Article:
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Fade to Gray

Fade to Gray
Aging in American Cinema

Analyzing hundreds of films, including classics such as You Can’t Take It With You, Rosemary’s Baby, Grumpy Old Men, and Nebraska, this book critiques Hollywood’s representations of aging and the elderly from the silent era to the present.

September 2016
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287 pages | 6 x 9 | Hardcover has a printed case, no dust jacket | 39 b&w photos, 1 b&w illus. |

Americans are living longer and reinventing both work and retirement, but Hollywood movies barely hint at this reality of contemporary society. In many popular films, older characters fade into irrelevance, inactivity, or absurdity, or else they stay in the background as wise elders while younger characters provide the action. Most American films do not attempt to portray the rich variety of experiences or the sensitive aging issues that people confront in the years beyond fifty.

Fade to Gray offers one of the first extended studies of the portrayal of older people in American cinema from the silent era to the present. Writing in an accessible style for both general audiences and scholars, Timothy Shary and Nancy McVittie examine social attitudes toward aging through an analysis of hundreds of individual films, including such classics as You Can’t Take It With You (1938), Rosemary’s Baby (1968), Grumpy Old Men (1993), and Nebraska (2013). They show how representations of the aging process and depictions of older people embracing or enduring the various experiences of longer lives have evolved over the past century, as well as how film industry practices have both reflected and influenced perceptions of aging in American society. Exposing the social and political motivations for negative cinematic portrayals of the elderly, Fade to Gray also gives visibility to films that provide opportunities for better understanding and appreciation of the aged and the aging process.


2017 Choice Outstanding Academic Title, American Library Association

  • Acknowledgments
  • Preface
  • Introduction
  • The Study of Aging in Cinema
  • Filmography and Terminology
  • Chapter 1: Generational Conflict in Prewar Hollywood Film
    • Elder Depictions in Early Cinema and the Silent Era
    • The Neediest among Us
    • Solid Pillars in Unstable Times
    • Elders in the Nuclear Era
  • Chapter 2: The Sensational Specter of Aging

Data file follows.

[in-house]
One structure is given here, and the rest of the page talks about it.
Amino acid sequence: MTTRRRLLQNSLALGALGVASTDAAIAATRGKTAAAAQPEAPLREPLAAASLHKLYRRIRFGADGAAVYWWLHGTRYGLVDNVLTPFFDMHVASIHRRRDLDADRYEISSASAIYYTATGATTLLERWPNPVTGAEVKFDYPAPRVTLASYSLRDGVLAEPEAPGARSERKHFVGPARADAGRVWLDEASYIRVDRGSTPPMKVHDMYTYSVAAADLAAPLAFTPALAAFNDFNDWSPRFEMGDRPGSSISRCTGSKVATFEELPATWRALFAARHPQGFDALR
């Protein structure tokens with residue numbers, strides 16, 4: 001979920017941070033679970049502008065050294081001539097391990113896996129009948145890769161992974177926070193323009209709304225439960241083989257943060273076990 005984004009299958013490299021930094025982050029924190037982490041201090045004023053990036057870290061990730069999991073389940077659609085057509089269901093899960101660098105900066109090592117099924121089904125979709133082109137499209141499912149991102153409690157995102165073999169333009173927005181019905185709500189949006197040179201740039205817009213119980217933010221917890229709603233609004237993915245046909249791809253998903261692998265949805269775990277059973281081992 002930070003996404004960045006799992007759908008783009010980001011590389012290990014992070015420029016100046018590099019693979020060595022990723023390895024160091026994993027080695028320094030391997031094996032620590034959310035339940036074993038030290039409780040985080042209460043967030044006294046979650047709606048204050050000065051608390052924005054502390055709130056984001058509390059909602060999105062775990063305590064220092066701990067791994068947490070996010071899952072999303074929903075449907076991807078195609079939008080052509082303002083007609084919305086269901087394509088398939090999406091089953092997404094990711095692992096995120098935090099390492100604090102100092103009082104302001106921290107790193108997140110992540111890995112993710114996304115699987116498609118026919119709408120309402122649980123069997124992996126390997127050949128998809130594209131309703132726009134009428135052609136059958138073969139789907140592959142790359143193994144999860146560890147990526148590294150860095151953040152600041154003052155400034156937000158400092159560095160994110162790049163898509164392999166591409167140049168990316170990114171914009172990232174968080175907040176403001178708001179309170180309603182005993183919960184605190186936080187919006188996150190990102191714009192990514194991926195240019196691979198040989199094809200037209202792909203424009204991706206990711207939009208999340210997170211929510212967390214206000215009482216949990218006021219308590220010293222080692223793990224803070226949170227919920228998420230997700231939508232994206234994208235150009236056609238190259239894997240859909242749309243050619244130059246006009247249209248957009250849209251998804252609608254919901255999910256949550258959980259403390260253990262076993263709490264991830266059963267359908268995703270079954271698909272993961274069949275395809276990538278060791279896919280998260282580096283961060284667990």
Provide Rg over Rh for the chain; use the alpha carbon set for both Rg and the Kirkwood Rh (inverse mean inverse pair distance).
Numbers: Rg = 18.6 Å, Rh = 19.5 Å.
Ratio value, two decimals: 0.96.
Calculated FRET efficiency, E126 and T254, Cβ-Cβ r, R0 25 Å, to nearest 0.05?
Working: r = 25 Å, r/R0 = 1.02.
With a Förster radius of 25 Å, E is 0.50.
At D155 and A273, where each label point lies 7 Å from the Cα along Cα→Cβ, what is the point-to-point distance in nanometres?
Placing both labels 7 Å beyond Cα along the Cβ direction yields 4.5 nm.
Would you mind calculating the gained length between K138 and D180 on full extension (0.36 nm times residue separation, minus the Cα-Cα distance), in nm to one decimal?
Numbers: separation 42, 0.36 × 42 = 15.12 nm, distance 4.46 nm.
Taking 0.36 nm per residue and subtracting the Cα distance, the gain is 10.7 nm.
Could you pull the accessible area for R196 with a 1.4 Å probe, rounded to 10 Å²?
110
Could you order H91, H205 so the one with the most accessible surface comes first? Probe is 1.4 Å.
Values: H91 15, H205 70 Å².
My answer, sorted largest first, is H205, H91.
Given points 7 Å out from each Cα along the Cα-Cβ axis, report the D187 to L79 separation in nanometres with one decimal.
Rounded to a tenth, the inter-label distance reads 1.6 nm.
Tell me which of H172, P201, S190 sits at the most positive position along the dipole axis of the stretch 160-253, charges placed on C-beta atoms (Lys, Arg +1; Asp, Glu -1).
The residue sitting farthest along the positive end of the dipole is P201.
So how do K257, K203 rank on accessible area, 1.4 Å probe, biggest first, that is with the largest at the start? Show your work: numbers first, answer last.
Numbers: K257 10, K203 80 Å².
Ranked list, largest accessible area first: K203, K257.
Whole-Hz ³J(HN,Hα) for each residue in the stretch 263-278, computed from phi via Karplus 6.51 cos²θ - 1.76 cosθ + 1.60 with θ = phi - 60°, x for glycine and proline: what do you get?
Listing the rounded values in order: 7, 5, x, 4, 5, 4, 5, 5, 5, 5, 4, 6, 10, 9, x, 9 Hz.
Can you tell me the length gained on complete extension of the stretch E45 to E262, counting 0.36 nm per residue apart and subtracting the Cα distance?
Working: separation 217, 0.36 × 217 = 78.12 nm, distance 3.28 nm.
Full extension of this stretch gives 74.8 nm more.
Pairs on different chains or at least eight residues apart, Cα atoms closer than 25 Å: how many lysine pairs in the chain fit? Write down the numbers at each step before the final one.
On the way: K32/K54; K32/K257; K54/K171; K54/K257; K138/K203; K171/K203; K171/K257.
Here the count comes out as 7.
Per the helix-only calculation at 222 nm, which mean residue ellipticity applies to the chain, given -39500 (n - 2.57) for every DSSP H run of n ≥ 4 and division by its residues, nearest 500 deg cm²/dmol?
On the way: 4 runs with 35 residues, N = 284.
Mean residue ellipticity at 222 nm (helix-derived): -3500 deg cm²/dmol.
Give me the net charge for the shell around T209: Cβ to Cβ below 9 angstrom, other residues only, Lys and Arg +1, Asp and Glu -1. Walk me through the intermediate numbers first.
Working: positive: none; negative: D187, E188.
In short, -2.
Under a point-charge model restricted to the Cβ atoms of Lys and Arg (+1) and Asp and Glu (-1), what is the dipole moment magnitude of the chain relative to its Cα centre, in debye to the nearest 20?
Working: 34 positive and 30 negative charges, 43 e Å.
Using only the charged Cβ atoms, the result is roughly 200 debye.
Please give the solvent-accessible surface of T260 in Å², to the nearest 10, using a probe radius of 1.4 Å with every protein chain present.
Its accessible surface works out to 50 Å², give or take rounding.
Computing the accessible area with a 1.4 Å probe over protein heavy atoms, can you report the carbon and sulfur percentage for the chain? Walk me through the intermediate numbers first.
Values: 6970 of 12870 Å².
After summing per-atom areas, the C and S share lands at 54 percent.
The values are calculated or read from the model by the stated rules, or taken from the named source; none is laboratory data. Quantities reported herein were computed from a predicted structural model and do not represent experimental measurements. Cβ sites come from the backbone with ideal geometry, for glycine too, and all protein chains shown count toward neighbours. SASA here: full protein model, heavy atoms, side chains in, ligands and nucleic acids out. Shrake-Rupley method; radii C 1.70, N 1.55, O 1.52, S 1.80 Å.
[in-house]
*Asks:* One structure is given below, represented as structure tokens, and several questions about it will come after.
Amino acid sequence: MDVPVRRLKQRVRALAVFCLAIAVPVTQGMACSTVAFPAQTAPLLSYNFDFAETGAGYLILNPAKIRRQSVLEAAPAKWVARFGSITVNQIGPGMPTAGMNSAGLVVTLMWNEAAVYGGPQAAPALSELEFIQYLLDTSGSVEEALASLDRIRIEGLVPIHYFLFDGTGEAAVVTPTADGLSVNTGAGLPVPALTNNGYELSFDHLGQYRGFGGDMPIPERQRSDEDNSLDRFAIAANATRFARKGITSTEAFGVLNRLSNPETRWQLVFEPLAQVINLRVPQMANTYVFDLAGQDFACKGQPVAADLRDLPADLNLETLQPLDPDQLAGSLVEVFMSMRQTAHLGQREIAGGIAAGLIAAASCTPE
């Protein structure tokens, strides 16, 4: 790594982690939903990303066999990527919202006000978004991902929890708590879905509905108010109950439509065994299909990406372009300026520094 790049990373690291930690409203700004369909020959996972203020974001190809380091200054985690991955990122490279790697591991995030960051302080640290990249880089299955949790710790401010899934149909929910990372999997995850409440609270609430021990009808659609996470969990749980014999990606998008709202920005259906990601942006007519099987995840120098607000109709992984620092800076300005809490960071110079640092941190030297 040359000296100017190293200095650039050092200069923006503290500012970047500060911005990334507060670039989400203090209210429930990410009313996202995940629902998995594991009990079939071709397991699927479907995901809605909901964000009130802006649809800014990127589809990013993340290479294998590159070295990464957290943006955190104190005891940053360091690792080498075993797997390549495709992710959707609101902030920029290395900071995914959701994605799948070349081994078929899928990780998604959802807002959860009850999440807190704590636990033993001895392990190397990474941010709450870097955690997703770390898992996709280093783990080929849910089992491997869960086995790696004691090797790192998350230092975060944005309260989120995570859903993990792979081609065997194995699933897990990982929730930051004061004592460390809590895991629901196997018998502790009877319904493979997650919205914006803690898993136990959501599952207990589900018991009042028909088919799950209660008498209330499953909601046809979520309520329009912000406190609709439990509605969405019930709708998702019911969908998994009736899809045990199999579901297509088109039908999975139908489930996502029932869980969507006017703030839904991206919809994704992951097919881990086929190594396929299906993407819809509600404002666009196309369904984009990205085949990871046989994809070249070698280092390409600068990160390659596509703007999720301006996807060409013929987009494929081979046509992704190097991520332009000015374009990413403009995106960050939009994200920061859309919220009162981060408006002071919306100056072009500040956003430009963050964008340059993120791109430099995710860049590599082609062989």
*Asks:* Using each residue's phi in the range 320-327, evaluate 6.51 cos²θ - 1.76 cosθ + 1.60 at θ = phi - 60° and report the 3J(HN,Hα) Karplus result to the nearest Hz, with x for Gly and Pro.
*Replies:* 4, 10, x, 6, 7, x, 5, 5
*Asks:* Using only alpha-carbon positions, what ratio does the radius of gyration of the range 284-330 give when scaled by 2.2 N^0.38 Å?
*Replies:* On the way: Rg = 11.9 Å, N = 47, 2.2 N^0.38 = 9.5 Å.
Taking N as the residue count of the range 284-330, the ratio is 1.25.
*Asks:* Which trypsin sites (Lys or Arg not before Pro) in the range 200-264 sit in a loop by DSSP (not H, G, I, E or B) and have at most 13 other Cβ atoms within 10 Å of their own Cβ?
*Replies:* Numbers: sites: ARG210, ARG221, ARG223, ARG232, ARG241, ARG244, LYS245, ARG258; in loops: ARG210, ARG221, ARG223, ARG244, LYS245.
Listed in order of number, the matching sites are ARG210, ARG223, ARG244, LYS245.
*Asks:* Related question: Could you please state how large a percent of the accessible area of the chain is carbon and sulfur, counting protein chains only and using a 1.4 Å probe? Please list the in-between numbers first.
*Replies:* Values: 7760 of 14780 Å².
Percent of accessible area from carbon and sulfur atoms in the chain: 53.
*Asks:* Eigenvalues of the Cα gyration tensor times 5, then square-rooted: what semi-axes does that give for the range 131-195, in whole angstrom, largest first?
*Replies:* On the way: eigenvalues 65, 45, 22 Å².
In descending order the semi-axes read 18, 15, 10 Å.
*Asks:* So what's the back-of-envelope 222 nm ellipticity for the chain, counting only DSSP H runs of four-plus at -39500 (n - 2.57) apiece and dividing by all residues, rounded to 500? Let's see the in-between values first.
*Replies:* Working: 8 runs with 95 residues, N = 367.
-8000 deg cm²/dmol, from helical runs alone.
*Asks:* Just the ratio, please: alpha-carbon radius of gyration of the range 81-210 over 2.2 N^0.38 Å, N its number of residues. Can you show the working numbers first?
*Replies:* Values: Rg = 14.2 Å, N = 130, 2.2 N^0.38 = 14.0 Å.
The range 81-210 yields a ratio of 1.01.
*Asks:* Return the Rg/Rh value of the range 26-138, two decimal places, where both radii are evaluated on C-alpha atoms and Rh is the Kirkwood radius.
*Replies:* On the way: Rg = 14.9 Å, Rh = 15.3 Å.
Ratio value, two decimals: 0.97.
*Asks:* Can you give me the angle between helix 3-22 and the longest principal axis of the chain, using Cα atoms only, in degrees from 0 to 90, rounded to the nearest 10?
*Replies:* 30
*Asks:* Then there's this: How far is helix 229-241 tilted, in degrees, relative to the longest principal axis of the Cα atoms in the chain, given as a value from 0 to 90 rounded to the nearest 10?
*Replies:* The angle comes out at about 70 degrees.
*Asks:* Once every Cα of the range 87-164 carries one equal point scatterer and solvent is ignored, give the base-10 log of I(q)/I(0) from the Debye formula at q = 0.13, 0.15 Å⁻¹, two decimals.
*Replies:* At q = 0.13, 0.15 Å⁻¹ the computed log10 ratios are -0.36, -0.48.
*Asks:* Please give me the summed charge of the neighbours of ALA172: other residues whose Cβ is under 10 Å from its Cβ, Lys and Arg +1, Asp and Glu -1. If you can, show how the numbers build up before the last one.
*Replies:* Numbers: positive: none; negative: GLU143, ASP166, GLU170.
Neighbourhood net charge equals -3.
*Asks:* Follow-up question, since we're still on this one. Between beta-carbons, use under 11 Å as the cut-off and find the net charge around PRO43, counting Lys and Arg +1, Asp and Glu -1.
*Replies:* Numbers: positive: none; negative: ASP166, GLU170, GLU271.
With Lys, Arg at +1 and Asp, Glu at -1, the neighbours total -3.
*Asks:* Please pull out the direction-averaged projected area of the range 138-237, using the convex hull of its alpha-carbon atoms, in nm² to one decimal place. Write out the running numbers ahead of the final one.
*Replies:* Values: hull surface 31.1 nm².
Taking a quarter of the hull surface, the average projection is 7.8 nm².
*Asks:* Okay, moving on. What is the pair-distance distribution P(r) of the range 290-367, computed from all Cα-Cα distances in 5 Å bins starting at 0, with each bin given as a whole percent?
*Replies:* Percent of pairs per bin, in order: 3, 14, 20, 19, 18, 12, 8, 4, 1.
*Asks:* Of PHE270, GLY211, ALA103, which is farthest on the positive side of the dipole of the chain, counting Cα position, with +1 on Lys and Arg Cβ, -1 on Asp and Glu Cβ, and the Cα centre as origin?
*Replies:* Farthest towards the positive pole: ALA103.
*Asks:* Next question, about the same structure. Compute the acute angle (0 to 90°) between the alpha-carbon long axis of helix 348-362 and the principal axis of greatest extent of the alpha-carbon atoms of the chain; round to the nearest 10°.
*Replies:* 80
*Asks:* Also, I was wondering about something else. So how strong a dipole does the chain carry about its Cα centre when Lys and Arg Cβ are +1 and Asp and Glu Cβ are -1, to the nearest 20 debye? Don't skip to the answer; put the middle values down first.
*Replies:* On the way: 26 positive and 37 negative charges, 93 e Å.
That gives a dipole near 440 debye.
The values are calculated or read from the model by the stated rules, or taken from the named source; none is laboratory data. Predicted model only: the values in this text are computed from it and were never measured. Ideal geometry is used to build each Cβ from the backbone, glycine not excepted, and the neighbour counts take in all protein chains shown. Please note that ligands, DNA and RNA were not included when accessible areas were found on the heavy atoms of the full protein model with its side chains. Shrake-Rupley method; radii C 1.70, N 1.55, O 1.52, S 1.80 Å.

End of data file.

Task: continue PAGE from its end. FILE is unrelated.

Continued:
• An Audience Lost
    • The Formation of "Adult Films"
    • Competing for the Adult Market
    • Gender and Generation in Melodrama
  • Chapter 3: The Horrific and the Hilarious
    • The Horror of Aging
    • Youth Films Exploit Elders
    • Elder Kitsch at Its Limits
  • Chapter 4: The Emergence of the Elder Odyssey
    • The Road to a Subgenre of Penultimate Quests
    • The Elder Odyssey in Expansion
    • Investigating and Evading
    • The Road from Here
  • Chapter 5: The Repression and Release of Old Romance
    • The May-December Romance as a Genre Device
    • Calmly Increasing Honesty
    • Elder Romance Matures
    • The Life Left in Love
  • Chapter 6: Deceptions and Delusions of Elder Death
    • Early Elder Death
    • Death Gets Darker
    • Elder Legacies
  • Conclusion
  • Appendix A: Filmography of Significant Elder Roles in American Cinema
  • Appendix B: Subject Lists of Elder Films
  • Notes
  • Bibliography
  • Index

TIMOTHY SHARYMillsboro, DelawareShary is the author or editor of several books on the representational politics of age and gender, including Generation Multiplex: The Image of Youth in American Cinema Since 1980 and Youth Culture in Global Cinema.NANCY MCVITTIEChicago, IllinoisMcVittie is an instructor in the Department of Communication, Media, and Theatre at Northeastern Illinois University.


Fade to Gray proves a worthwhile and often insightful study that makes a compelling case for the vital importance of cinematic representation.”

“A valuable and long-overdue addition to the body of scholarship within film studies that critically examines representations of socially marginalized individuals and identity groups. Cumulatively, the films under consideration and their highly revealing interconnections with d/evolving cultural conceptions and social policies related to aging prove the necessity and urgency of this study.”
Maria San Filippo, author of The B Word: Bisexuality in Contemporary Film and Television


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